In college, I kept falling off the wagon and then starting again, yo-yo-ing up and down within a range of 40 or so pounds–until I learned about fat acceptance and stopped altogether. My weight settled about about 180 then, although a few years later I ended up gaining weight for unrelated reasons, and who knows if that was partly affected by the way dieting can change people’s metabolisms?

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Sunday links, 1/26/14

I love Jill Scott.

Re/Dress’ spring vintage lookbook is fabulous–and it includes their new masculine/butch styles.
-Despite all the hype, European brand Mango’s new plus size line doesn’t have many interesting styles, and has a fairly small size range.
-This year’s Big Thrifty will be on May 3rd, at a new, larger space in Malden.
-And for New York fatties, the Big Fat Flea will be May 4th.
16 things teen girls wore in the winter of 1996, as told by the Delias*s catalog.

Fat Acceptance
-Caitlin Thornton interviews the always awesome Mary Lambert about body image, makeup, and fashion.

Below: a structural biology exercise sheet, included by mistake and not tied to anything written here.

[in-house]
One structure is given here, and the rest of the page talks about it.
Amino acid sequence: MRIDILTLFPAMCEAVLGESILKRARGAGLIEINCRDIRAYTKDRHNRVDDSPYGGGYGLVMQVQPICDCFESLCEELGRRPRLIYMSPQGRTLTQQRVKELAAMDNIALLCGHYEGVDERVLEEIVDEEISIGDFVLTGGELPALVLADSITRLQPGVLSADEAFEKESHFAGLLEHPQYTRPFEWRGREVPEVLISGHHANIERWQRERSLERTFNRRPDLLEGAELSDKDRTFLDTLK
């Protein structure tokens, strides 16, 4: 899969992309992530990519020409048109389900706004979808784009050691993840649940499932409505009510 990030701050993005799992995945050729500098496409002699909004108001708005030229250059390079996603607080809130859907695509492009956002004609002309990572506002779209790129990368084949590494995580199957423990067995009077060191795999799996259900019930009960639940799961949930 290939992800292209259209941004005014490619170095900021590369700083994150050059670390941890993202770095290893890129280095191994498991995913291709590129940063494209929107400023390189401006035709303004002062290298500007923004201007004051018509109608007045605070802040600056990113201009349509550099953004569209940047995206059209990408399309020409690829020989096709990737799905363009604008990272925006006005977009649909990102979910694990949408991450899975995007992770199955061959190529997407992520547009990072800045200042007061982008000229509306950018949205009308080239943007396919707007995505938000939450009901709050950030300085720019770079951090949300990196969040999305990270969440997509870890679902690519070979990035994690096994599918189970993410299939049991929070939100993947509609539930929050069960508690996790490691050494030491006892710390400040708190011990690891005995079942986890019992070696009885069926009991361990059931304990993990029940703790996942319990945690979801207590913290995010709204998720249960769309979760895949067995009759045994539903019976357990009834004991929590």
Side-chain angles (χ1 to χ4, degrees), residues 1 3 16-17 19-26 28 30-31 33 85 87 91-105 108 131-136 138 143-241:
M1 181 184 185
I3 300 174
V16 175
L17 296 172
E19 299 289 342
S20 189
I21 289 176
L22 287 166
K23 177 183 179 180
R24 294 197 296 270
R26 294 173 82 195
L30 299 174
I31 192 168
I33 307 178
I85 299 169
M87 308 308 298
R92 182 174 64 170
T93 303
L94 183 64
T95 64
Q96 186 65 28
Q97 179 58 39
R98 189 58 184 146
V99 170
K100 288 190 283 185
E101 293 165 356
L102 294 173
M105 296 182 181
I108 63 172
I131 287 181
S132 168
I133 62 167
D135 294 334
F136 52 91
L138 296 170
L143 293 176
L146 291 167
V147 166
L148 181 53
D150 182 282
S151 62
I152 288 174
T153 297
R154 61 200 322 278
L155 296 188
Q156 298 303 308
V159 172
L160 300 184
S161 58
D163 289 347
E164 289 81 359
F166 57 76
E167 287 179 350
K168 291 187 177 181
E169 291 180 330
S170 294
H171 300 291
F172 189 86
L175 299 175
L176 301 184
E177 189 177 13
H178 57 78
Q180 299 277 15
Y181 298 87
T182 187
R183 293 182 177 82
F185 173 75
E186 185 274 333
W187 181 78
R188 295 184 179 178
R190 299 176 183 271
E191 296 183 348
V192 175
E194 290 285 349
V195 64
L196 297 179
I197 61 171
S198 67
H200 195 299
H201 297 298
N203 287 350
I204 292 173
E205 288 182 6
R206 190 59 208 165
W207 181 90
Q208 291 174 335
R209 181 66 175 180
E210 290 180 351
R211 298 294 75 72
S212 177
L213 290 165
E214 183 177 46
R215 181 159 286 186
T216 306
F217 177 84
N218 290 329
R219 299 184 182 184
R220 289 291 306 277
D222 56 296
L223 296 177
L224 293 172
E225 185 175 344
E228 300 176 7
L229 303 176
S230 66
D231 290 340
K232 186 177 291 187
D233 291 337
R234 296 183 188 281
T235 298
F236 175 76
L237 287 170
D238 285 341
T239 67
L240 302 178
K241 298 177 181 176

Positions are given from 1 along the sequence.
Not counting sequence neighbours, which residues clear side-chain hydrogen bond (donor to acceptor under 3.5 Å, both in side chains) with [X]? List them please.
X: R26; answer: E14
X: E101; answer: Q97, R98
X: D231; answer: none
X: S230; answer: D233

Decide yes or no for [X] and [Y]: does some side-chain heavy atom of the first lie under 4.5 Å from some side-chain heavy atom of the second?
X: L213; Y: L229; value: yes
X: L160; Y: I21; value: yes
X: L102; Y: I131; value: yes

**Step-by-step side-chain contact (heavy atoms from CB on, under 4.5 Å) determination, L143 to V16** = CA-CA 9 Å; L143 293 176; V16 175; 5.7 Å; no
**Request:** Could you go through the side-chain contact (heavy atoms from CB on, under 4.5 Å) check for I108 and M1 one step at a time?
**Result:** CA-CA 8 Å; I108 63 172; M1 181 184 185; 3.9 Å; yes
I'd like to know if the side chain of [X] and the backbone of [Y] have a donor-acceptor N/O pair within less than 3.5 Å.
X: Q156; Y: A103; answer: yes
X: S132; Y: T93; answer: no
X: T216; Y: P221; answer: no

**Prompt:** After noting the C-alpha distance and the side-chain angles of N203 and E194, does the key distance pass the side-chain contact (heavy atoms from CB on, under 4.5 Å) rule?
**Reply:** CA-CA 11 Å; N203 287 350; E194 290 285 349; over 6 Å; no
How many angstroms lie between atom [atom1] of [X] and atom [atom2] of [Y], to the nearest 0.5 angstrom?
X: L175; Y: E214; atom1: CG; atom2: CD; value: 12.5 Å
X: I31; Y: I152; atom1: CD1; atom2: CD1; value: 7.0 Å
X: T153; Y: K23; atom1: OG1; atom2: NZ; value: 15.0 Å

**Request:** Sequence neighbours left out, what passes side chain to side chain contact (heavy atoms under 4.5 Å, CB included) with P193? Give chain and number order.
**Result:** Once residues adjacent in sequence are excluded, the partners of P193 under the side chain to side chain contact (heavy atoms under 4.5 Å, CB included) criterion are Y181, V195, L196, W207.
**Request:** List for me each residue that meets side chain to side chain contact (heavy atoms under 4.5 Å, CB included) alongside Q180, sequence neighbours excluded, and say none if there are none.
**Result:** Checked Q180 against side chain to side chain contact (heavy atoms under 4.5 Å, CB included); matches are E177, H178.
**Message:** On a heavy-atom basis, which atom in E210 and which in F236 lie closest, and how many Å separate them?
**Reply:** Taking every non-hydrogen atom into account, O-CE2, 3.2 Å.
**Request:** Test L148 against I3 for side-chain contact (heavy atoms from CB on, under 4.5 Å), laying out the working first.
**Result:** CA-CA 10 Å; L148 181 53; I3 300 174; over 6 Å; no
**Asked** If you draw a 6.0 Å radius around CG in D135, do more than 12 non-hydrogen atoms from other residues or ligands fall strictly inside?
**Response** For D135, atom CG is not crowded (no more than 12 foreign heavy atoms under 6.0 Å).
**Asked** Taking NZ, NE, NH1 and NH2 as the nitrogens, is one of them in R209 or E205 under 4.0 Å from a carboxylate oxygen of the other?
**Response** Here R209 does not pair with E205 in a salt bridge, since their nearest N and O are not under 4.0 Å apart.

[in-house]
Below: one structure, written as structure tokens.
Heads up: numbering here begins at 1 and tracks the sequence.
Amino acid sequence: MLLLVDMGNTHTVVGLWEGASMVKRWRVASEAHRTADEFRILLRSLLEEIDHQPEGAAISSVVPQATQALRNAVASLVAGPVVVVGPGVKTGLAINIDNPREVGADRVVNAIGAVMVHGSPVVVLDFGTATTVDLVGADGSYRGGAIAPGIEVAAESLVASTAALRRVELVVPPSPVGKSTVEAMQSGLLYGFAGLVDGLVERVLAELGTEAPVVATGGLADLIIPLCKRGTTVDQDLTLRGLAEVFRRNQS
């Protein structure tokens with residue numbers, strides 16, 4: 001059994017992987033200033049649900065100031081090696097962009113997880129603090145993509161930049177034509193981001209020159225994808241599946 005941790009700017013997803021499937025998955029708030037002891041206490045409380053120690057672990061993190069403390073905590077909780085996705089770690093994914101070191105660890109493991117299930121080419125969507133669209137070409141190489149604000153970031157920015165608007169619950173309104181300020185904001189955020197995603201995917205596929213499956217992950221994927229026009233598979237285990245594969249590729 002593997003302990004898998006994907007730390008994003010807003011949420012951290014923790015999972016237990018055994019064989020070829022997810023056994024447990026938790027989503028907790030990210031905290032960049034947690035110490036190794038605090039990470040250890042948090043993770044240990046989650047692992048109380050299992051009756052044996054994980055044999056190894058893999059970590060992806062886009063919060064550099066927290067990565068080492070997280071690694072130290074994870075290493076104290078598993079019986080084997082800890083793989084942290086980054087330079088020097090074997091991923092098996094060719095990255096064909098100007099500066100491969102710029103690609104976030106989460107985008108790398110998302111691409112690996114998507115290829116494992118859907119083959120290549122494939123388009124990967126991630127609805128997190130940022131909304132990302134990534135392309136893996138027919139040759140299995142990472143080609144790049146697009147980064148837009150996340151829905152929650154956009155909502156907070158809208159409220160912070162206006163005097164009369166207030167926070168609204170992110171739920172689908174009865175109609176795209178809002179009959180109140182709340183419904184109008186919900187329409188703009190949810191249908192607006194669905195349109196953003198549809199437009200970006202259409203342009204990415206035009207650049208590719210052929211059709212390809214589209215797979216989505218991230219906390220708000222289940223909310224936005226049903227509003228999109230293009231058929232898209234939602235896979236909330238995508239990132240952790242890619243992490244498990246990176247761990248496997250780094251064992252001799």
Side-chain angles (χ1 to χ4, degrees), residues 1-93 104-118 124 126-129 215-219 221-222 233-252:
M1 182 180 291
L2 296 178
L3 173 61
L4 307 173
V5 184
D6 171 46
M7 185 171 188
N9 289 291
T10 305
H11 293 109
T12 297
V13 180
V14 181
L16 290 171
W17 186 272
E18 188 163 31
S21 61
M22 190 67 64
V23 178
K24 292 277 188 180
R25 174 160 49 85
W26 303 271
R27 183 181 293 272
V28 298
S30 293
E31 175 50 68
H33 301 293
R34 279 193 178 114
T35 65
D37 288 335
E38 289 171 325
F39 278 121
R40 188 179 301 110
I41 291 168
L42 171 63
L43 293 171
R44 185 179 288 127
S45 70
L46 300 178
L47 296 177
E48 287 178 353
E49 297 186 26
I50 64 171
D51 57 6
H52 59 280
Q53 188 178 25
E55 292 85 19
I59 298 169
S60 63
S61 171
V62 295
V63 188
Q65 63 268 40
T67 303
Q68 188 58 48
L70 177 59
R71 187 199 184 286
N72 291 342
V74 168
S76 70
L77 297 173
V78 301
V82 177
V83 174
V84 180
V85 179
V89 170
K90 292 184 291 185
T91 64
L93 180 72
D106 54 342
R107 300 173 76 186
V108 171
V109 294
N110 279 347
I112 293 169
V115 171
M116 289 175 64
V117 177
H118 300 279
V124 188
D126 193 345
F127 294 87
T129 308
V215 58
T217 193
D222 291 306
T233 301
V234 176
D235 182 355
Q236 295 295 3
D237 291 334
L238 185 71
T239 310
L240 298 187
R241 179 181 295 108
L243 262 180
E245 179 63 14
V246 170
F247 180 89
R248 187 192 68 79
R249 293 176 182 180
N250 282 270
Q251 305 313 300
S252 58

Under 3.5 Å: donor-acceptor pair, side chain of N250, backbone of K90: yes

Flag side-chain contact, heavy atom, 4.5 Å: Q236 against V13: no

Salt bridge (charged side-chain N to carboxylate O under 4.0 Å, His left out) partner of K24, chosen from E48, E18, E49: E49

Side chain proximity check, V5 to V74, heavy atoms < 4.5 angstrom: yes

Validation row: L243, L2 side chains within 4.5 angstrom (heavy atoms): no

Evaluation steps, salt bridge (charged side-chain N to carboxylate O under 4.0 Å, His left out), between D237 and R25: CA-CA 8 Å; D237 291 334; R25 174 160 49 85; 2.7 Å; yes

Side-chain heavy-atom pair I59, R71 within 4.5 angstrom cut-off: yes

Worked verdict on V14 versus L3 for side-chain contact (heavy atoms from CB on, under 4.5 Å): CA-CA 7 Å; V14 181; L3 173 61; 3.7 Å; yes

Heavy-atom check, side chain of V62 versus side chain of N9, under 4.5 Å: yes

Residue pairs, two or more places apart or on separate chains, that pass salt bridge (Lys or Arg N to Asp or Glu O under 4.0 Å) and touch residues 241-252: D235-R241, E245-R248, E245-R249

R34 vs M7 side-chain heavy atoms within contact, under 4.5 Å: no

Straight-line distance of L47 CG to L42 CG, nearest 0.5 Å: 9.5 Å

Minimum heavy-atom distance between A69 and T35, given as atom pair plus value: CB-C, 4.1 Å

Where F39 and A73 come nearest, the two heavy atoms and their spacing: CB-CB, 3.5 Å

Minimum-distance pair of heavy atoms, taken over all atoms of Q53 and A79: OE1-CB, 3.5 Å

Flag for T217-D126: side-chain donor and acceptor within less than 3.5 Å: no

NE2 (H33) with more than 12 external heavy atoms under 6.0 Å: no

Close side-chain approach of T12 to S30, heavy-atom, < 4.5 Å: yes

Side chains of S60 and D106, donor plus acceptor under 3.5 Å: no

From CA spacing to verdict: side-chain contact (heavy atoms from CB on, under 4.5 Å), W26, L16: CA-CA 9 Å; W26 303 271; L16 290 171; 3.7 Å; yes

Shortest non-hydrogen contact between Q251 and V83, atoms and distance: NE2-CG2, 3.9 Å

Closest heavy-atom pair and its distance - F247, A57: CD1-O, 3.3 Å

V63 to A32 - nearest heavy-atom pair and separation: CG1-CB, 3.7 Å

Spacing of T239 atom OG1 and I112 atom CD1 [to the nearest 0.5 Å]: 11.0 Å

Fat and bad knees.
-So much yes to Marilyn Wann’s rant about people who claim to be fat-positive but brag about their weight loss.
-Why it’s important to focus on children’s health, not their weight.
Things that are still a diet.
The tyranny of “the normal”: why the BMI is and has always been a hot ton of oppressive bullshit.

Climate and Sustainability
“We can’t trust capitalism to fix this” global warming mess.
-A conversation with George Monbiot about the great rewilding.
Why, not what: the heart of climate activism.
Solar wins: how sunshine will save the planet (really!)

A beautiful short film about reclaiming our energy and economy from fossil fuel companies:

Our Power Film // Black Mesa Water Coalition from Our Power on Vimeo.

Everything Else
-Nicolette Mason is the best. After Jezebel’s ridiculous stunt of offering $10K for unretouched pictures of Lena Dunham, Nicolette decided to raise the same amount of money for women’s empowerment instead.
Food gentrification and the culinary rebranding of traditional foods.
-If you can, donate to Youngist, which publishes the voices and stories of millenials (and, unlike many outlets, actually pays its authors).
-I like this daring new approach to fighting for a fairer economy.
“Nobody knows my life but me”: an elegy for Dr. V.
Afterthoughts and aftershocks: why a dozen different editors failed Dr. V.
-Sarah Kendzior writes brilliantly about the cruelty of the mainstream media (but unfortunately uses some ableist language to do so).
Reimagining freedom: one student’s take on the Zaptatistas’ Escualita.
Remember that famous about obedience to authority? Here’s how Stanley Milgram got it all wrong.
-Sick of Dan Savage’s asshattery, and want some better advice about sex and relationships? Check out Cardinal Rules.